Further down it says: “Restricting the availability of patents for software and business method inventions, which are an impediment to further innovation. As regards software, the Commission notes that software development cycles of around 5 years are far shorter than the 20 year term of protection granted by patents, and that other incentives for software development (among them copyright) also exist.”
It seems as though each time there is evidence-based research into this subject the outcome says software patents are bad. Europe came to the same conclusion a very long time ago, but the EPO conveniently (for its own gain) ignores the law. There is now a new software patents loophole in the EU, as Dr. Glyn Moody showed last month. Yesterday he had more to say about that:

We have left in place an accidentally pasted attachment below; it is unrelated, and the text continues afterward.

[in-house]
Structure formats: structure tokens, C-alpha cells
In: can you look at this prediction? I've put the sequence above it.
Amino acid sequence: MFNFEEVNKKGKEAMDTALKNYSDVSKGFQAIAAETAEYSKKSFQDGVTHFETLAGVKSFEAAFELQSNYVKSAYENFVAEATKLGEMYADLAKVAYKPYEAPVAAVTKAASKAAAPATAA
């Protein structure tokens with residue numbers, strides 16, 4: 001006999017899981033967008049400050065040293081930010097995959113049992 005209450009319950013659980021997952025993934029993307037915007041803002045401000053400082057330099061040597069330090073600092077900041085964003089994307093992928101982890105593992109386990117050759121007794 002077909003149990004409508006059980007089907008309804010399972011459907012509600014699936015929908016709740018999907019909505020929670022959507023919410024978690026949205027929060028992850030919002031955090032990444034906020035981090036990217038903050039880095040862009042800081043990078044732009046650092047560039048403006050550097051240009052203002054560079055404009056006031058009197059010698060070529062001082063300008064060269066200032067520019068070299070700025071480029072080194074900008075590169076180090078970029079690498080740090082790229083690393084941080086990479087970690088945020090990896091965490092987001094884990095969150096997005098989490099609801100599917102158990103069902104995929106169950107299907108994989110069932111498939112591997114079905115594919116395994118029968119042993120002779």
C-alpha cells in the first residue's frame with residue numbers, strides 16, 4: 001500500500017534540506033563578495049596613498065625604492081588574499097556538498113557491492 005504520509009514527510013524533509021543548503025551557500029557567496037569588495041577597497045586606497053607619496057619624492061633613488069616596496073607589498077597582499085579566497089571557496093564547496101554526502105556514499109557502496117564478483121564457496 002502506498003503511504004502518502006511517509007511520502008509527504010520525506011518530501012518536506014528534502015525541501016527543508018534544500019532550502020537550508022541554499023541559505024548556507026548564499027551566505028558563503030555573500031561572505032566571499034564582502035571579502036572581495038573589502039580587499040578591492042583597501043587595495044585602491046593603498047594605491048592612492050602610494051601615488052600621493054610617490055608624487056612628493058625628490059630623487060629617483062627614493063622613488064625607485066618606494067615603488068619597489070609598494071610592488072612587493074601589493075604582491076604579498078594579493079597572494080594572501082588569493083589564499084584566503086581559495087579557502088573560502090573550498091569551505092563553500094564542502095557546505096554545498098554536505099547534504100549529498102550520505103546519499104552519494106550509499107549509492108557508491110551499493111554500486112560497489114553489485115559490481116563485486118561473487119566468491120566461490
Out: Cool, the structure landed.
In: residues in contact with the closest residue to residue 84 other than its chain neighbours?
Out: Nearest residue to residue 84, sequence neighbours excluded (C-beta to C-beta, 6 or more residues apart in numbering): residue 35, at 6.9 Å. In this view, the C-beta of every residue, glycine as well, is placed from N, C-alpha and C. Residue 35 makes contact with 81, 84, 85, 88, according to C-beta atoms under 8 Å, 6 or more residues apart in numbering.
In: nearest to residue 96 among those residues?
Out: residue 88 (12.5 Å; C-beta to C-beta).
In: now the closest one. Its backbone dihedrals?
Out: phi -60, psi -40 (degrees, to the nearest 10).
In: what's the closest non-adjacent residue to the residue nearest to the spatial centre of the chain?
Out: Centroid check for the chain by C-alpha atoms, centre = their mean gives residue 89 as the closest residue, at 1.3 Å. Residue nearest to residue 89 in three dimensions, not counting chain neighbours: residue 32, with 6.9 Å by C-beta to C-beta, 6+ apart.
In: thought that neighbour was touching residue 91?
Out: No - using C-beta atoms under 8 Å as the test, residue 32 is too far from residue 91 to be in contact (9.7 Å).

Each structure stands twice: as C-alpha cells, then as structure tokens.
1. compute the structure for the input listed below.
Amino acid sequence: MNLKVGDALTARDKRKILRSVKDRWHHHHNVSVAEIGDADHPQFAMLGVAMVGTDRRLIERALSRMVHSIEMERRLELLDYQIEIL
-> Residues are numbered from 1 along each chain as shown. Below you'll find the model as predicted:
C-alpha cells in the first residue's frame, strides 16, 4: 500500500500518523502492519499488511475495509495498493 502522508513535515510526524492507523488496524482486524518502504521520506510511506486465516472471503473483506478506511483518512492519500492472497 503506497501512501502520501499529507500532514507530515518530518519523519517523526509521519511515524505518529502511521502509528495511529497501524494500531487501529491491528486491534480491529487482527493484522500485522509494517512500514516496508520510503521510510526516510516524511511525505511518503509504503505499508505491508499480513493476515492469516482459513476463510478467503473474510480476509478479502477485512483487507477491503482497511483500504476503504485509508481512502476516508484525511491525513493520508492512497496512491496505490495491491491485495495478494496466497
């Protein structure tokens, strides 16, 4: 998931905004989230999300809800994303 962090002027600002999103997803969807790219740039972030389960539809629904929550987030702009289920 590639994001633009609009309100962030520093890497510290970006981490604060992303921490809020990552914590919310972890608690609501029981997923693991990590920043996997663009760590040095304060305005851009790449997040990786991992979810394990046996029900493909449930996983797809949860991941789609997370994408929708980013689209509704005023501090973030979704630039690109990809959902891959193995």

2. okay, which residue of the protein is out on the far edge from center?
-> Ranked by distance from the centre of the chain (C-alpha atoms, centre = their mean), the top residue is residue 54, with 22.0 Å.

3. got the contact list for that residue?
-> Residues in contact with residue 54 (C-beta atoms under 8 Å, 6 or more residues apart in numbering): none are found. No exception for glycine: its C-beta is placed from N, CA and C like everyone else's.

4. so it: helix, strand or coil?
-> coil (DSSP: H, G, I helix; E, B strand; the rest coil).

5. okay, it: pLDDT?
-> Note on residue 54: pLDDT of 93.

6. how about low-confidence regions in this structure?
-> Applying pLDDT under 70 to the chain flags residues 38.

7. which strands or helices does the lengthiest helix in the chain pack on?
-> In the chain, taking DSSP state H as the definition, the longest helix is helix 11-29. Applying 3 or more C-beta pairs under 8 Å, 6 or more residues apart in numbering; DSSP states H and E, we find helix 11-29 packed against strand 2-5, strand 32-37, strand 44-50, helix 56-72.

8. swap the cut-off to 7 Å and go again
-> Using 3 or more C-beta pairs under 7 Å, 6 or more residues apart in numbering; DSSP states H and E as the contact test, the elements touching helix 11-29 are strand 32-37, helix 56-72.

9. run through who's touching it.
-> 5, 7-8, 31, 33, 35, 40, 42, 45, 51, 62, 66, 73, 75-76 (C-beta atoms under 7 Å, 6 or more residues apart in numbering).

A couple of weeks ago, I wrote about a disturbing aspect of the European Commission’s proposed Digital Single Market: the fact that “ICT standardisation requires a balanced IPR [intellectual property rights] policy, based on FRAND licensing terms.” That’s a problem, because FRAND licensing is inherently incompatible with open source.
As well as generating a fair amount of interest here on Ars, the article seems to have provoked some discussions in the wider open source community, and inside the European Commission too. Given that interest, and the absolutely key nature of this issue, I thought it would be worth exploring it a little more deeply, not least because there have been some important developments in the last two weeks, including a way for Ars readers to help stop open source being locked out of EU standards.
First, it’s probably a good idea to summarise why FRAND, which stands for “fair, reasonable, and non-discriminatory,” is a problem for open source. Put at its simplest, licensing terms can be totally fair, quite reasonable, and absolutely non-discriminatory and yet impossible to implement in free software.